Recently I posted about a bizarre plant, but lamented that it was not yet in flower. I kept checking back on the dodder (Cuscuta sp.). Finally there are flowers, in prodigious quantities.
Related to the morning glory family, dodder has numerous, tiny, white, waxy, bell-shaped flowers located in clusters along the orange, leafless stem. The petals are united and end in spreading lobes. As can be seen in the pictures, numerous is an understatement for the number of flowers produced by dodder. Each flower will produce a small fruit containing four seeds. When ripe the seeds drop to the ground near the dodder plant ready to germinate again. Although they are barely visible to the naked eye, I think dodder flowers themselves are beautiful.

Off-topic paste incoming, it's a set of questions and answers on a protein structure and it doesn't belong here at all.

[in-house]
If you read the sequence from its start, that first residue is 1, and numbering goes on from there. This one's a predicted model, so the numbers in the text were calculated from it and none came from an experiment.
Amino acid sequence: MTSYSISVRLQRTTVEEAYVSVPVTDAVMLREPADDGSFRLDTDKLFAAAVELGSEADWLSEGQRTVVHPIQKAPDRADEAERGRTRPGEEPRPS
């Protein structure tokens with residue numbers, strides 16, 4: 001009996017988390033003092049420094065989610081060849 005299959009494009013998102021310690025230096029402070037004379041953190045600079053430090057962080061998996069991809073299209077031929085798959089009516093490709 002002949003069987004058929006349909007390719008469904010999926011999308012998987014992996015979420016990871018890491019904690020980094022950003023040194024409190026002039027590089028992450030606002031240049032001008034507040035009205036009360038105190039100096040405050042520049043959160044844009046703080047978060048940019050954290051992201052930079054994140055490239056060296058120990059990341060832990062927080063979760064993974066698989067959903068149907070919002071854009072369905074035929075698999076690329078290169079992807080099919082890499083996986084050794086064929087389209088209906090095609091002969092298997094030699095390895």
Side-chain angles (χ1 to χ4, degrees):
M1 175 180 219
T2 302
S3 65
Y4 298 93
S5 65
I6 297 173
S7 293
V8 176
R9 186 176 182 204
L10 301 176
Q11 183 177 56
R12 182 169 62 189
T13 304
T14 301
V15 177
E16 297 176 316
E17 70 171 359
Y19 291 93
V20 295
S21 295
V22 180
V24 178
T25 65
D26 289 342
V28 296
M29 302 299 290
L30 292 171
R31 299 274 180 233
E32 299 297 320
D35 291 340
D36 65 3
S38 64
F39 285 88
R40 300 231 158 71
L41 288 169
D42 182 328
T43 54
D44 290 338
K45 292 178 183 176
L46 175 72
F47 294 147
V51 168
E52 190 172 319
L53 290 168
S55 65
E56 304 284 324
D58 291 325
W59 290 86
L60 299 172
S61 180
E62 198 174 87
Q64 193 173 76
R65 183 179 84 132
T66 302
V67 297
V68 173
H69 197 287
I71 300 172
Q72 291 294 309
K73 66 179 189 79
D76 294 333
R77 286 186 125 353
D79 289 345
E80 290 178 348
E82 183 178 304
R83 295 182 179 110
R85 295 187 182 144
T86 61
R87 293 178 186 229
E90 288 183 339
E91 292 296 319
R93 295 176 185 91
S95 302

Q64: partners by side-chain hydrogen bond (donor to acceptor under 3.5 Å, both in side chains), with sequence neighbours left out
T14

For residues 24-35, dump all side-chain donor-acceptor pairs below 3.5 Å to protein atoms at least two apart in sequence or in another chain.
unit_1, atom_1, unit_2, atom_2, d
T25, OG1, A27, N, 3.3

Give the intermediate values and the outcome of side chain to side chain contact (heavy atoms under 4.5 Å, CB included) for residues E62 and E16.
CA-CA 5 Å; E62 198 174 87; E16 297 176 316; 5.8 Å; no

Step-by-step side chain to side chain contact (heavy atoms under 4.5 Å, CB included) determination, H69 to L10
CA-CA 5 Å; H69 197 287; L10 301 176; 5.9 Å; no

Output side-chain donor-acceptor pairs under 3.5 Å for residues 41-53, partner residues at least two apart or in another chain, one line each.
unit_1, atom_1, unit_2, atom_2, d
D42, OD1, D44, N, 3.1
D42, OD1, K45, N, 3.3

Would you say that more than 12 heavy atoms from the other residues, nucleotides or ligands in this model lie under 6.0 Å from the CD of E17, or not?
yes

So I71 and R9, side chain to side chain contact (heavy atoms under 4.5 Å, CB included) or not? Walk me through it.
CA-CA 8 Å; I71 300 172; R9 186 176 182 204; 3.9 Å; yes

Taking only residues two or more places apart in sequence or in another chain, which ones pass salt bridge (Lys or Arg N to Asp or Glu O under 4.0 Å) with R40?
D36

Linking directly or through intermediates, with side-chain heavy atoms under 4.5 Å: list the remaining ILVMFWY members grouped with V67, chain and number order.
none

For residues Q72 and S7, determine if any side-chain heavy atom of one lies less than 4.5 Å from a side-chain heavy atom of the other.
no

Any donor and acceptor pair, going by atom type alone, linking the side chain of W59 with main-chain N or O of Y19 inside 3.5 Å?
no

In addition to reproducing by seed, when dodder, an annual, dies back in the winter it sometimes leaves living haustoria (sucker like attachments used to tap the host plant’s nutrients) in the host. In the spring these haustoria can grow into new plants, already attached to the host – a little creepy if you ask me.
An interesting factoid: dodder stems always twine in a counter-clockwise direction.
The pictured dodder are growing in the McArthur Swamp (Shasta County CA). and are the same plants pictured in my earlier post on dodder. More information about dodder can be found in this previous post.